NASA released on July 19 a draft request for proposals (RFP) for its Commercial Crew Transportation Capability (CCtCap) contract, the second phase of a two-phased procurement strategy to develop a commercial crew space transportation capability to get astronauts to, and from, the International Space Station (ISS) by 2017. 

Space Exploration Technologies Corp. (SpaceX), Boeing [BA], Sierra Nevada Corp. (SNC) and Blue Origin are participating in NASA’s Commercial Crew Program (CCP). SpaceX is adapting its Dragon cargo capsule for manned missions while SNC is developing a Dream Chaser plane similar to the space shuttle. Boeing spokeswoman Kelly George July 23 said Boeing would be bidding for the eventual CCtCap contract.

Through its commercial crew development and certification process, NASA will help lay the foundation for future commercial transportation capabilities, upon which the commercial partners can market transportation services to the United States government and other customers. Once a transportation capability is certified for NASA use and services are available, NASA could purchase transportation services to meet its ISS crew rotation and emergency return obligations, according to NASA’s commercial crew website.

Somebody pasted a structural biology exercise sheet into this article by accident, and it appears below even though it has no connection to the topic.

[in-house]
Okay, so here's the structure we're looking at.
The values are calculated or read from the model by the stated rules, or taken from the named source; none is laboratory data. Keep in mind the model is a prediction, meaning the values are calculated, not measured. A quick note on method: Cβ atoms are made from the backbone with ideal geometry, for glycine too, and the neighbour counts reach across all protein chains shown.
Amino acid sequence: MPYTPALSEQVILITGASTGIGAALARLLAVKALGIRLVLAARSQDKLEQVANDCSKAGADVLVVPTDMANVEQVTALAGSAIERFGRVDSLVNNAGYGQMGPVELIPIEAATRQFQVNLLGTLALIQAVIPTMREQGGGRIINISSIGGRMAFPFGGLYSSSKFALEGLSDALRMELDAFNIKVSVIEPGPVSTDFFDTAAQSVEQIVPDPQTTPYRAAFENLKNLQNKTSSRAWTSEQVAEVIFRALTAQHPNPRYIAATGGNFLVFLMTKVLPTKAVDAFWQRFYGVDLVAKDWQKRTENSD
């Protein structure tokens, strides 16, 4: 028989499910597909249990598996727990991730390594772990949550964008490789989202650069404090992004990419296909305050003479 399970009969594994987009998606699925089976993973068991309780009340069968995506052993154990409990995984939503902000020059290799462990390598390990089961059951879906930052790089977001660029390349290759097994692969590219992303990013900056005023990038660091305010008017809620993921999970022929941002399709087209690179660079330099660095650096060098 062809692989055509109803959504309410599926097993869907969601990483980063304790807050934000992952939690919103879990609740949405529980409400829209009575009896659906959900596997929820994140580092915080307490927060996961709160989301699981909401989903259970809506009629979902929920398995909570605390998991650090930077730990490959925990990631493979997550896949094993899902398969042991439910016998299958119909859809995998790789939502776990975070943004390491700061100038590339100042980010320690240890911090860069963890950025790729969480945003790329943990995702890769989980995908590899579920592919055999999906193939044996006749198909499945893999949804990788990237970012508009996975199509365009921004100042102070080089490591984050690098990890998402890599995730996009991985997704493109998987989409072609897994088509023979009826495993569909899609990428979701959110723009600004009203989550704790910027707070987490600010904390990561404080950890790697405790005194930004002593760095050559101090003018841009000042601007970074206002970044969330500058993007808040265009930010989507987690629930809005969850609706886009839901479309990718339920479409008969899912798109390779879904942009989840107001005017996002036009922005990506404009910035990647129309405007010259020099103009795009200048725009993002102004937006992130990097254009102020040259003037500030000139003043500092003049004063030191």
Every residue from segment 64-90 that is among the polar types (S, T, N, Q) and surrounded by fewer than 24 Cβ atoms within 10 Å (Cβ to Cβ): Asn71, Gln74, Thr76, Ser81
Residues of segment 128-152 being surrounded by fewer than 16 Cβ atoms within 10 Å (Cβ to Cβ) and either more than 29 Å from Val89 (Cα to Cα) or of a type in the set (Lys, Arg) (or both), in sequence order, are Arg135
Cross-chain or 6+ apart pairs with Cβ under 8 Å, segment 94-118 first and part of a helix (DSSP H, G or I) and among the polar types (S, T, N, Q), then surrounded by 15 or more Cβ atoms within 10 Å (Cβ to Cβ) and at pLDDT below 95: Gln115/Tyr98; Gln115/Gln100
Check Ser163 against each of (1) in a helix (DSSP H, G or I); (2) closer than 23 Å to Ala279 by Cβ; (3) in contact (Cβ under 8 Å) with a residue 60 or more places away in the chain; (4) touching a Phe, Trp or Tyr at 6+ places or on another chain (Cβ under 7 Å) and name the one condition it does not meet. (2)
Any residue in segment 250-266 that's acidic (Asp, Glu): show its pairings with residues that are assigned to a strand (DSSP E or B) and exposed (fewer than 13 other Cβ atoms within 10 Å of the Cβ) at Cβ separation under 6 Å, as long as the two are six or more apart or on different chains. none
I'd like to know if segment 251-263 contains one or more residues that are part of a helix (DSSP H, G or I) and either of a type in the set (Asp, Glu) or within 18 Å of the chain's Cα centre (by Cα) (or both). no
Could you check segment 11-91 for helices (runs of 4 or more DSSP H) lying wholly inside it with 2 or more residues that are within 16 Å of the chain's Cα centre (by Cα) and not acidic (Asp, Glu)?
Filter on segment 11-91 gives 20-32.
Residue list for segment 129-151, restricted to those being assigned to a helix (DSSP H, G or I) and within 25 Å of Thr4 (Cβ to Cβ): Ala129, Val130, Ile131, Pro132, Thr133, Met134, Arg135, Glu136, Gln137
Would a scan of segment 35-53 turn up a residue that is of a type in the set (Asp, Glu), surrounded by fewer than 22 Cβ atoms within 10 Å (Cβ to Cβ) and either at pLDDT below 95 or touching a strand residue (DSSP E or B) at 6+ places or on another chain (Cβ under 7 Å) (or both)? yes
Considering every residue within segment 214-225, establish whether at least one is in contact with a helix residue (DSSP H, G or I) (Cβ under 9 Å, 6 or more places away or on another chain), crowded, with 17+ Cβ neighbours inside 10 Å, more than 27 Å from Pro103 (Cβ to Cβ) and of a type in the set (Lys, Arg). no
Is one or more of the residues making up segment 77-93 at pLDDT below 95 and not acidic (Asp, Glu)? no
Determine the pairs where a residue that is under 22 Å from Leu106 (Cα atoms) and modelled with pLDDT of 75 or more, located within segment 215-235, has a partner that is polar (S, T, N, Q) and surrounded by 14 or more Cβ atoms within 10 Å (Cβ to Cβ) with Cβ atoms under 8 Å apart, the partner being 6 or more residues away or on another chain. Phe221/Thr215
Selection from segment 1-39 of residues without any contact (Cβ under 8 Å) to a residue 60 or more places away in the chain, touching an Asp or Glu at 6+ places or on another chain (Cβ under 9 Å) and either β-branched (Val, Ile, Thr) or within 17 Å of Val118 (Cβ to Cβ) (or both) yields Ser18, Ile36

Performance-based payments are planned to be used in this competitive negotiated acquisition, NASA said in the draft RFP. NASA proposes deviating from Federal Acquisition Regulation (FAR) clause 52.232-32 on performance-based payments to enable contractors to maintain some control and title of the property acquired. NASA also proposes deviating from FAR clause 52.227-14 to allow CCtCAP contractors greater rights in data and software under certain circumstances. 

Comments must be submitted by Aug. 15. A pre-solicitation conference and one-on-one sessions are scheduled for Aug. 1 and 2 at Kennedy Space Center, Fla.

Boeing said it recently reached an important milestone in its commercial crew program when it demonstrated that astronauts in its Crew Space Transportation (CST)-100 capsule will be able to safely exit the spacecraft during an emergency water landing.

Although the CST-100 is designed to land on the ground, Boeing engineers worked with NASA and DoD search-and-recovery personnel to test several emergency water-extraction scenarios. Testing was performed July 8 at Bigelow Aerospace in North Las Vegas, Nev., as part of NASA’s CCiCap initiative.

The first planned orbital flight of the CST-100 capsule is scheduled for 2016, Boeing said.

NASA so far has doled out nearly $1.5 billion in contracts over four phases for the Commercial Crew Program. The agency in August 2012 awarded $1.1 billion in contracts to Boeing, SpaceX and SNC for the Commercial Crew Integrated Capability (CCiCap) phase, the third phase of the program. For the second phase, called Commercial Crew Development-2 (CCDev-2), NASA awarded contracts to the three companies along with Blue Origin.